Better than Tuscany.
As the morning sun shines into the valley and the soft light illuminates the terraced hillsides revealing a spectacular sight of glistening vineyards, you could be forgiven for thinking you were somewhere in Tuscany or deepest Provence. But why go all the way there when all of this and more are right here on your doorstep?
Much of Slovenia boasts perfect climatic conditions for wine harvesting and there aren’t many places you can go without seeing fields of vineyards dominating the horizon. Never is this truer than in Primorska.
Western Slovenia comprises of a vast limestone landscape known as the Karst Plateau. Over millions of years the limestone has dissolved and been carved out like Swiss cheese by many rivers and streams to create an incredible world of tunnels, caves, sinkholes, springs, disappearing lakes and limestone fields. The dissolution of the limestone also enriches the land by releasing iron, resulting in a lovely deep red soil perfect for harvesting red wine.
As you head west on the motorway from Ljubljana your first view of Primorska is of the unique and imposing image of Nanos Mountain, appearing on the horizon like a ghostly apparition. It first becomes visible just as you approach Postojna.
Western Slovenia, from the Adriatic coast to the foothills of the Alps retains a distinctively mild sub-Mediterranean climate thanks to the warm winds that blow in from the southwest, often being counteracted by an infamously cold, dry and brutal wind known as Burja. On these occasions the Burja wind howls from the northeast and drops down from the dinaric mountain ridges, causing rapid drops in temperature. The wind gusts all year round, but is more prevalent in winter.
From the western foot of Nanos Mountain stretches the Vipava Valley. The Vipava region’s soil is known as Terra Rosa, and from it the ruby red Teran and Refošk wines are produced. The dry, gusty wind of the Burja also creates the perfect conditions for curing ham and thus the famous Slovenian Pršut is also produced here. The first stopping point should be at the village of Podnanos (Under Nanos). As the name suggests it sits in the shadow of Nanos just off the main route west to Nova Gorica. This is an excellent starting point for a hiking or cycling trip up the mountain or into the valley. You can pick up a leaflet on the surrounding trails from the TIC in Ajdovscina. On the outskirts, as you head towards Orehovica, lies the rather eccentric Zajčji grad (Rabbit’s castle), built in the 17th century and shaped like a horseshoe.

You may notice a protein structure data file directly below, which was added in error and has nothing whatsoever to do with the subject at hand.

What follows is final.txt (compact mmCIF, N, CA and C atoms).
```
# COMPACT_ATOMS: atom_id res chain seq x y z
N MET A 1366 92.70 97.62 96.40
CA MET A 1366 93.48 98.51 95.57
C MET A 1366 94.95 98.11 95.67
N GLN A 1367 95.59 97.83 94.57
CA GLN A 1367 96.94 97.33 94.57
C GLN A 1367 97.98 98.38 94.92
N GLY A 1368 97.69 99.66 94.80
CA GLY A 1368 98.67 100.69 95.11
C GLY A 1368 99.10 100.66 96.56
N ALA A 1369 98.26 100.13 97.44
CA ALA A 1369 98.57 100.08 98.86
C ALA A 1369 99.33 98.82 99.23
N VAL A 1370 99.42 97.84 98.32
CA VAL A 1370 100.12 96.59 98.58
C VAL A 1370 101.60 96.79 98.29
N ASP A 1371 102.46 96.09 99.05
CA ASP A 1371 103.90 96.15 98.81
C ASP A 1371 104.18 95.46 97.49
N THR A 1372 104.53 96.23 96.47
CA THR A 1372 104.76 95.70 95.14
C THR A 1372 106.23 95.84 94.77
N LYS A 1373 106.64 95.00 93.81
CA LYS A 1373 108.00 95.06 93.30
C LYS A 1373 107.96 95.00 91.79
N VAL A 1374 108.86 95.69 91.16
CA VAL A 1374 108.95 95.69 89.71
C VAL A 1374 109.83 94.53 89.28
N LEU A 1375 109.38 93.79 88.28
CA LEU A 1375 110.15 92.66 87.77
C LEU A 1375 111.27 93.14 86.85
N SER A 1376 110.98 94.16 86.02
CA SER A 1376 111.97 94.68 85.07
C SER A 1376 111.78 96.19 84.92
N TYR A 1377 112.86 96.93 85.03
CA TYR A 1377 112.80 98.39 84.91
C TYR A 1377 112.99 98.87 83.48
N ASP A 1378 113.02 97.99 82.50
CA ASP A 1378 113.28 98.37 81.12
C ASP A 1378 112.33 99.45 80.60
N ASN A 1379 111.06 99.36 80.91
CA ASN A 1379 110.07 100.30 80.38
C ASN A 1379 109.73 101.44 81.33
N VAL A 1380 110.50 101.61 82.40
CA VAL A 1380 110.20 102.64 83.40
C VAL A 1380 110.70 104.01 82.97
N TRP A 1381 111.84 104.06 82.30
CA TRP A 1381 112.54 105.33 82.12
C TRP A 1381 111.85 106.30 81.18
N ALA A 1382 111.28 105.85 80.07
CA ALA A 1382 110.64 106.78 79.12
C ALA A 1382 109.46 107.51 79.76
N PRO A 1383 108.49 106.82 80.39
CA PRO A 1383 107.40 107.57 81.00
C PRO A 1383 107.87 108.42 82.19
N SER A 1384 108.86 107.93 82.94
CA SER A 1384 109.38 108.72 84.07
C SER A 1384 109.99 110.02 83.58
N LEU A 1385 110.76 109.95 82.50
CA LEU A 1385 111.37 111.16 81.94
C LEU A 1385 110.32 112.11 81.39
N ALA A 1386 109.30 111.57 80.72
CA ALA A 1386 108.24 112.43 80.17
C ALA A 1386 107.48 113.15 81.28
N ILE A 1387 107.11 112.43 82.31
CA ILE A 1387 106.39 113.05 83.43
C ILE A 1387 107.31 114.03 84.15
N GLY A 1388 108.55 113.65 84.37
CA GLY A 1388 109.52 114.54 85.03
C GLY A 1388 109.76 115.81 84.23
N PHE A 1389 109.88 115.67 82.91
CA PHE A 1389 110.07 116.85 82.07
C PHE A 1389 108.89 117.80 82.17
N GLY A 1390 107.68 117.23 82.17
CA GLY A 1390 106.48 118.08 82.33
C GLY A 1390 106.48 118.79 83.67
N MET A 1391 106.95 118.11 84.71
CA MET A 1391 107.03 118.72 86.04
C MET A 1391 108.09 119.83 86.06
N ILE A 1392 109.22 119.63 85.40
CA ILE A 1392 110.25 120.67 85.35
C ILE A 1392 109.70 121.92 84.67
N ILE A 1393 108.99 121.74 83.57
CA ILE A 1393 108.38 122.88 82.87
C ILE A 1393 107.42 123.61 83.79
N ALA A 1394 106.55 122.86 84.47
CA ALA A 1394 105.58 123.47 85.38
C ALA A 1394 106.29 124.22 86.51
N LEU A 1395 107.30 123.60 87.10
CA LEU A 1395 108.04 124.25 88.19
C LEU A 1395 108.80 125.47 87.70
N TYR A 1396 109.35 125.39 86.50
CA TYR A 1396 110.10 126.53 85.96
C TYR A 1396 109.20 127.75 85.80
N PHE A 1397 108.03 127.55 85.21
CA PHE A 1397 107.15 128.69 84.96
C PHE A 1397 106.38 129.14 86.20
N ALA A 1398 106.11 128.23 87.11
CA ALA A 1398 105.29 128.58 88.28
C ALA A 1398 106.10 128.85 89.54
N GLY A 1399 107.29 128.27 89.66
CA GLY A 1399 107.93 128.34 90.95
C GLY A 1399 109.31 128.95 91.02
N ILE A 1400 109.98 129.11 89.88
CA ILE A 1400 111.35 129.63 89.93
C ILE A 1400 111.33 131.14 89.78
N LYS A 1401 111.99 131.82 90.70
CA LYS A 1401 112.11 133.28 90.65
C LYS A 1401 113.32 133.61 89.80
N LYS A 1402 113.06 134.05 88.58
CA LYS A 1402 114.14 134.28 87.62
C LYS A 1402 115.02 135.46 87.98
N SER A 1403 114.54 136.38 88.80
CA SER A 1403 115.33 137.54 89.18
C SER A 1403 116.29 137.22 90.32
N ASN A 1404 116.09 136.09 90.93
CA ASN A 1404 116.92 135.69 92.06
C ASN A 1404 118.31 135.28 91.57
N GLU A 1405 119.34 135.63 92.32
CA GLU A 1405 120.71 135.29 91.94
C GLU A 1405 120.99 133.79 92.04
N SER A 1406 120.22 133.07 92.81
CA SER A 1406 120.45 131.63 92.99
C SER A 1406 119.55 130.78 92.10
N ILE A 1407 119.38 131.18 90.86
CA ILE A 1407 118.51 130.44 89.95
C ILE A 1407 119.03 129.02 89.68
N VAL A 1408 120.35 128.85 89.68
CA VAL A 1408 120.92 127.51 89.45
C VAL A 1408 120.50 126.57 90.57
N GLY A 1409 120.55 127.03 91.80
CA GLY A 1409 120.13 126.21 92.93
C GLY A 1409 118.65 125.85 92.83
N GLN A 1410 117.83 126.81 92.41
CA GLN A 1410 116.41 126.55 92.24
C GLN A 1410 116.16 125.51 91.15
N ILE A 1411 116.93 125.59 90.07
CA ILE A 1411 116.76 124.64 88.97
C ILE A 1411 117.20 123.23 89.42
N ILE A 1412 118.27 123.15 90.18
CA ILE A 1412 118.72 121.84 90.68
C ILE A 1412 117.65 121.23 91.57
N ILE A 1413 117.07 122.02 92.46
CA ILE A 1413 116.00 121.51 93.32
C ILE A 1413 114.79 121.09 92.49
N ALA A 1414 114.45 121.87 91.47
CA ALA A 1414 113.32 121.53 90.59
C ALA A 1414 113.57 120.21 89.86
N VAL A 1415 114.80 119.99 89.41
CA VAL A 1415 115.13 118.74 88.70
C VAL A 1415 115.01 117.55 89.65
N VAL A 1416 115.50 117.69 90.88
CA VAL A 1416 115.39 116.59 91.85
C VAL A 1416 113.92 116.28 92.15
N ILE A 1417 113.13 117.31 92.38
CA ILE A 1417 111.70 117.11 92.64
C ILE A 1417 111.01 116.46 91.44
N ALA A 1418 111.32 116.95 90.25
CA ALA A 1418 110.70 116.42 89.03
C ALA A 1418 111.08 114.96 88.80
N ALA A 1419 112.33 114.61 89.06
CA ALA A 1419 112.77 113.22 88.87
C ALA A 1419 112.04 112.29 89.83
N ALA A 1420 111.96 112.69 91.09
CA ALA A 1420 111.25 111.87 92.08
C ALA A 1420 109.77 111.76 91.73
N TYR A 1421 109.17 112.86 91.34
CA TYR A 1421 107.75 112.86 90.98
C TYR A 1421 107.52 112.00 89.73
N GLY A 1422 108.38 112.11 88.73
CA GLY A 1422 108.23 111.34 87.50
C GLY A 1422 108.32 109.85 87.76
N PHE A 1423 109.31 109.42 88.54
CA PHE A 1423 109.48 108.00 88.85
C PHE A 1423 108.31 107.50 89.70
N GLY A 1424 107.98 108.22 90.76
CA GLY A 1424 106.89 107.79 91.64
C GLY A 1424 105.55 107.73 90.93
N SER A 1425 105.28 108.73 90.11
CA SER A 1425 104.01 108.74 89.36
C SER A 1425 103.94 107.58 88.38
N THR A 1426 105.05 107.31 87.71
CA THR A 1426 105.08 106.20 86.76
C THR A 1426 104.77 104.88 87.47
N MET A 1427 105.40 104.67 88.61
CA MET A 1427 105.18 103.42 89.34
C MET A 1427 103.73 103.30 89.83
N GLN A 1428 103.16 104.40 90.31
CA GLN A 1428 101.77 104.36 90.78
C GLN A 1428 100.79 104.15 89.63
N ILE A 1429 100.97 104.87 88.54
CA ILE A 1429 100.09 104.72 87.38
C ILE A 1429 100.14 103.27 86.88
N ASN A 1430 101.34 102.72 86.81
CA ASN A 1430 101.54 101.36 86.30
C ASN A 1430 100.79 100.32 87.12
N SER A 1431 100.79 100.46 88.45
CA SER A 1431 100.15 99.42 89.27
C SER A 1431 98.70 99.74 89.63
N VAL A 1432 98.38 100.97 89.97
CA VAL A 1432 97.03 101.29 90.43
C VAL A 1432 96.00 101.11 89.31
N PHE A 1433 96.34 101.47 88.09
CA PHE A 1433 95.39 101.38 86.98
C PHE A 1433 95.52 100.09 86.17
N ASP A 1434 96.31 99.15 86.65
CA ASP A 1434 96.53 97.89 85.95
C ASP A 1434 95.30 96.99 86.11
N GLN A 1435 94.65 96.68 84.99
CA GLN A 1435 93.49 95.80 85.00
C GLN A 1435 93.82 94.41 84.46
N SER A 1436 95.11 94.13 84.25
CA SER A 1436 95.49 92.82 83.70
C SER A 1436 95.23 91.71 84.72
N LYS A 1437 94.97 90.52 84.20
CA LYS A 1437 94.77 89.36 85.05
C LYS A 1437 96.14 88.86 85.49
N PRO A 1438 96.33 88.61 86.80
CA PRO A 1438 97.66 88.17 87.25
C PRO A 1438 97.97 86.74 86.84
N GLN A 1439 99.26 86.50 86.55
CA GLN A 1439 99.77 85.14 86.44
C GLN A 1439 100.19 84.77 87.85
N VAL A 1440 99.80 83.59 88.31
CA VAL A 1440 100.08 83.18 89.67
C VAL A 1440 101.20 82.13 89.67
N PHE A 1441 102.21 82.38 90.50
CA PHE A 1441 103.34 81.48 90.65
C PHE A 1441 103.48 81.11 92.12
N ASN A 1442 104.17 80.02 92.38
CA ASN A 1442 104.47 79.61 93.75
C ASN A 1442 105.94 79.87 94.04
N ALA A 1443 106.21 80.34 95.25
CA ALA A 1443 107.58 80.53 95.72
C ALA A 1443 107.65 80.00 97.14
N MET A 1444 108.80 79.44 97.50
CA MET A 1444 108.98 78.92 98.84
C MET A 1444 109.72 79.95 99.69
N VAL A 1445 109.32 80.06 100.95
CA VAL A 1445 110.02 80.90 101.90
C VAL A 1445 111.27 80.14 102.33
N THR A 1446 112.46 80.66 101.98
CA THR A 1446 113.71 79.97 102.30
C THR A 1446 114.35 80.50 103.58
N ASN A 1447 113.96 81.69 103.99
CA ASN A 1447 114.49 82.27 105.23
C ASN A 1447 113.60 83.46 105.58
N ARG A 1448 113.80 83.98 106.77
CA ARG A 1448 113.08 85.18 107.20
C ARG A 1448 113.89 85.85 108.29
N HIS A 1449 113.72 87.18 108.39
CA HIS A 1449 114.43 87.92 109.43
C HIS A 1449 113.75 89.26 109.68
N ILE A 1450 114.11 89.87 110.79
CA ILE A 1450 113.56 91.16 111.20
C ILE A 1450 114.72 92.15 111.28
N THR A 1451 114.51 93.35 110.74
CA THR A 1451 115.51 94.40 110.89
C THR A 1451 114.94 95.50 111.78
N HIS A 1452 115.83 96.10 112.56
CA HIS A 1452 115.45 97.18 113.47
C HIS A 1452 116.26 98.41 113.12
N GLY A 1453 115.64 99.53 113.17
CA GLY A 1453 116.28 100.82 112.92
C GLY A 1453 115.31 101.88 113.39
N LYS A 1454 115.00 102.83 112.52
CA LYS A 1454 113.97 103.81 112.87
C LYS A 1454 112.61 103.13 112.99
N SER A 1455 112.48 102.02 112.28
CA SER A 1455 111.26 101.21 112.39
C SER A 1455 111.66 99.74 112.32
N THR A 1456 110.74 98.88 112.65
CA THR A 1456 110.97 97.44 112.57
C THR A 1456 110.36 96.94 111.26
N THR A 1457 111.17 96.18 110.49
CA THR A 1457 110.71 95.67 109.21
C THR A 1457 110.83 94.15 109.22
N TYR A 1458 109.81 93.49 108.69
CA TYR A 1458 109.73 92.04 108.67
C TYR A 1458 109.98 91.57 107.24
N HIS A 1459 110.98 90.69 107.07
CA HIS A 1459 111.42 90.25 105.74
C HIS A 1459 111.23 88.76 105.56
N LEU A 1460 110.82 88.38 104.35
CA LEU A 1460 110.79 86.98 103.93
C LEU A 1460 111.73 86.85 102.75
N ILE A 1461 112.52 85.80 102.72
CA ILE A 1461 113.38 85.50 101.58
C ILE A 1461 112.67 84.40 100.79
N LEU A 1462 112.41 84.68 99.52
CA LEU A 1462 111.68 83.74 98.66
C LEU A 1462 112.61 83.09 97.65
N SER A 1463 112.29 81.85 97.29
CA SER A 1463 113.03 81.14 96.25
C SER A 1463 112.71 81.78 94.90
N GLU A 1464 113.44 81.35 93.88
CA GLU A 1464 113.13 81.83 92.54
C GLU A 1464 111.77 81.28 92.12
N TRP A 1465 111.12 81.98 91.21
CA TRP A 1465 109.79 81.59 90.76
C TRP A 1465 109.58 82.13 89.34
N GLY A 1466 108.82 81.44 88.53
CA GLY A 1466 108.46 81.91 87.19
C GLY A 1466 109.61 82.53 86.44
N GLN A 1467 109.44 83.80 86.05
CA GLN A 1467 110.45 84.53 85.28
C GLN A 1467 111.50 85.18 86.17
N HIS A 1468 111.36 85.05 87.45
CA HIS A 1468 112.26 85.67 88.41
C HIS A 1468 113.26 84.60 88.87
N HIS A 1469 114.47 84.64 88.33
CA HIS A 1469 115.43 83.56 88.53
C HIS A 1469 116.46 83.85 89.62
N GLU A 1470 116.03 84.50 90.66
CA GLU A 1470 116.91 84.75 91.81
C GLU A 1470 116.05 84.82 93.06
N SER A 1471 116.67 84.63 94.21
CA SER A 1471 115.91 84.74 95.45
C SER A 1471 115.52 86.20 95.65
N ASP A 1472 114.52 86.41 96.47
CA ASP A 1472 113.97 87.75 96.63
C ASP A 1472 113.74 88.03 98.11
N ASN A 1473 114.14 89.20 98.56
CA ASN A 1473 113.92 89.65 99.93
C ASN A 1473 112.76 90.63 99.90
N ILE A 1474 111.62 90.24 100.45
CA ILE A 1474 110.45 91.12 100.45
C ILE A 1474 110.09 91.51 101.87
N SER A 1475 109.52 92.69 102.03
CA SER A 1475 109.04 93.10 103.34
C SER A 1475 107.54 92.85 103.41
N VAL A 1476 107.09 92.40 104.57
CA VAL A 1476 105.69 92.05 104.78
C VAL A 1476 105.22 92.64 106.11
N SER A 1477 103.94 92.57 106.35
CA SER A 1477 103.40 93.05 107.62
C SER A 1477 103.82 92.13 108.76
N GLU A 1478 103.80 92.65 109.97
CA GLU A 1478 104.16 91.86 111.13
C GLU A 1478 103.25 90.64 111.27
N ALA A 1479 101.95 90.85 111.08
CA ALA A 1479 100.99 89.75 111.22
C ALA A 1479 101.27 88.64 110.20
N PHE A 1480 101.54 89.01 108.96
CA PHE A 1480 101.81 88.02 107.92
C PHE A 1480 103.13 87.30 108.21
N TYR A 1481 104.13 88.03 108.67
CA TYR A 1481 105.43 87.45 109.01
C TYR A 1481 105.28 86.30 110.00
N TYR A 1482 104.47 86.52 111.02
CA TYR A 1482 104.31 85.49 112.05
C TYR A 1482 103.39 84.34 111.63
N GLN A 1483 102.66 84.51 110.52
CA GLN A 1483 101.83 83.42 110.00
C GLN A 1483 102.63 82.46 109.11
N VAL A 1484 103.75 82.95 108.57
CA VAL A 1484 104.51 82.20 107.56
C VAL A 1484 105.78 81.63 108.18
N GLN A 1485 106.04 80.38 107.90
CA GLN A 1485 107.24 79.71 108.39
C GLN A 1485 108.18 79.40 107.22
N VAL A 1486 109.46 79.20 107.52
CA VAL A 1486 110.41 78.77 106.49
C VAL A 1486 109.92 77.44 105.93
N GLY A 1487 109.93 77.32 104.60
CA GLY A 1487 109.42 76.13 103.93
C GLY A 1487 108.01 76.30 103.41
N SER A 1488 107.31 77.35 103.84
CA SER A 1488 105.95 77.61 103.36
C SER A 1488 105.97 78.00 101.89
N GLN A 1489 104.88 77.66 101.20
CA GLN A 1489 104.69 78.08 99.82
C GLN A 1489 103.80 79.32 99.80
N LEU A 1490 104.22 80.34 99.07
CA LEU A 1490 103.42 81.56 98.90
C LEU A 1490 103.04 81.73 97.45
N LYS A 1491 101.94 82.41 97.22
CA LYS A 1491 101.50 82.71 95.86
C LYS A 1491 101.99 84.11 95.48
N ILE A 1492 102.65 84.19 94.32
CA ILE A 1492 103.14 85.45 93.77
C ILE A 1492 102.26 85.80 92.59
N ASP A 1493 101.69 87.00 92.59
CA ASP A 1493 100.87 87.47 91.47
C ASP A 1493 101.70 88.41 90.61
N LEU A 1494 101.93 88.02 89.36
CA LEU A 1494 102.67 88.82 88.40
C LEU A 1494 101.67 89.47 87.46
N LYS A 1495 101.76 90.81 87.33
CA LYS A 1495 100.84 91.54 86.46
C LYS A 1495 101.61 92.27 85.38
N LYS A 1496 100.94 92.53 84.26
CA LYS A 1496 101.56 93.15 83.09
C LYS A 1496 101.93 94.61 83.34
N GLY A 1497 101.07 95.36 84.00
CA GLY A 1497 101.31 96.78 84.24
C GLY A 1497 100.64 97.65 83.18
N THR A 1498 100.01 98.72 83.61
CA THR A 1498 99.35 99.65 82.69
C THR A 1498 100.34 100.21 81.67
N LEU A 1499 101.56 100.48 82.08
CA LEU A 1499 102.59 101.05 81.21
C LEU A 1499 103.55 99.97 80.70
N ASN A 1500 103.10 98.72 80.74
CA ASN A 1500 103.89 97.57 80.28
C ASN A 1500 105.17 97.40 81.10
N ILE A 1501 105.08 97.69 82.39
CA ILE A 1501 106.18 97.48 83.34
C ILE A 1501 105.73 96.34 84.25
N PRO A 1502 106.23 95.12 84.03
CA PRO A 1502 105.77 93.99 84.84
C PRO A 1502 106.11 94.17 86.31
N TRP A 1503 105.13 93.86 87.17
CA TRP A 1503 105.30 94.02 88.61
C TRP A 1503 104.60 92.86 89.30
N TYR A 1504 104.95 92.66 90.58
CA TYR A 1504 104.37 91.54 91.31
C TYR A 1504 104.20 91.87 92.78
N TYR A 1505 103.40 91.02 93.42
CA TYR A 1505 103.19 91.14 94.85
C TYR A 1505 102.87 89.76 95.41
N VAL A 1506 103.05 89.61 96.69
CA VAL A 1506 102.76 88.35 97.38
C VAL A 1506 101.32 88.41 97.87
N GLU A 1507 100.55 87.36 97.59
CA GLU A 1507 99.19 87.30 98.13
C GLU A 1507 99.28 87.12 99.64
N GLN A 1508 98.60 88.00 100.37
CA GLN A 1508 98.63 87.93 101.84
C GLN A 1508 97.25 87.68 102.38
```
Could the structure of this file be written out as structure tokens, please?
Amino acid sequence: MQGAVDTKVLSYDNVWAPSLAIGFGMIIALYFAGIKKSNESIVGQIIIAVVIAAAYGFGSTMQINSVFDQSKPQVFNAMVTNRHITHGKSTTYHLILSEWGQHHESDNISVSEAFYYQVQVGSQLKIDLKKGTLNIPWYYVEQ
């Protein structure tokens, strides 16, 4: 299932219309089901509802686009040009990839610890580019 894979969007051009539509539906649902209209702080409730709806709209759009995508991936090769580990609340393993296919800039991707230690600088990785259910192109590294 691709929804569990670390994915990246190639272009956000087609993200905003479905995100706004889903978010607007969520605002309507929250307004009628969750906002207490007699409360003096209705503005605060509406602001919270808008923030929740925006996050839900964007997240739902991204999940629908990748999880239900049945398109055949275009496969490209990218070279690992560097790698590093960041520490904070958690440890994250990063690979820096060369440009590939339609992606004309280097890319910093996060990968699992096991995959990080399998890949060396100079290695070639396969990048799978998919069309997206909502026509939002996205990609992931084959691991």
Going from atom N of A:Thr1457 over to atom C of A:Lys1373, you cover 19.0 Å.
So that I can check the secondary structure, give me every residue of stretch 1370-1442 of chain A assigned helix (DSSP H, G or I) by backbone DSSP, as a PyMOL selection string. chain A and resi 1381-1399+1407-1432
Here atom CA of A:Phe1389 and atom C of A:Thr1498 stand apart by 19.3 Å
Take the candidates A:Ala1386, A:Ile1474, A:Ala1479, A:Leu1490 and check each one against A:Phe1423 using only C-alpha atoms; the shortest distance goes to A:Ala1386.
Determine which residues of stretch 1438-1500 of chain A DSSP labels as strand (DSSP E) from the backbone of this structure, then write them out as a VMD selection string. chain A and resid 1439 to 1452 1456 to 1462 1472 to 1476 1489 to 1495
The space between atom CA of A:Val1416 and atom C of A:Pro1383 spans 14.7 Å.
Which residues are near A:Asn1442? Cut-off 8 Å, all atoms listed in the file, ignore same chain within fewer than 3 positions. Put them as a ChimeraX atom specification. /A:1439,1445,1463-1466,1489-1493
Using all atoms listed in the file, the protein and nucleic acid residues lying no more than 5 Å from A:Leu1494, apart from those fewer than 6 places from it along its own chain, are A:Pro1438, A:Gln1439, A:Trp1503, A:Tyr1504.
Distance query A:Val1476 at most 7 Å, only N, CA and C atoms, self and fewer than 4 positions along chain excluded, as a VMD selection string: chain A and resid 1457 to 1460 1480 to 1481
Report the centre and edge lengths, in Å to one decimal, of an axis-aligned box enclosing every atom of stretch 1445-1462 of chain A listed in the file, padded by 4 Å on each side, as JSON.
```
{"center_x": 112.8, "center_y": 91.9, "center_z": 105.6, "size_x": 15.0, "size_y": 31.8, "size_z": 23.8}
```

In the regional town of Vipava, karst streams burst forth from the limestone hills and trickle into town to feed the source of the Vipava River, which then cuts its way westward irrigating the surrounding fertile lands before joining the mighty Soča in Italy. Public transport into the valley from here is virtually non-existent so a car or bicycle is essential. As you head onto the wine road look out for wooden, ivy-decorated signposts that advertise Osmica, an age old tradition where for 8 days of the year a farmer will open up his doors and sell off the remainder of his wine and produce from the previous year. Various Osmice can be found throughout the year.
Amid the throng of viticulture there are some historical points of interest in the valley. Perched on a hill rising above the plain is the medieval fortified town of Vipavski Križ.
The western end of the valley rises up past Nova Gorica and onto the Goriška Brda hills. This is the second largest wine-growing region in Primorska and especially renowned for its white wines. Possibly the largest and most well-known wine cellar is at Dobrovo Castle, which stocks somewhere in the region of 300,000 wines. As the main outlet for the Brda wines, degustations are possible here, but it’s probably better to just simply use it to stockpile your own wine cellars at home. The best thing to do is continue westward further into the hills to the little village of Medana and stop for lunch at Belica Restaurant. From here you can dine on a terrace and marvel at the elevated view into the lush green plains of Italy.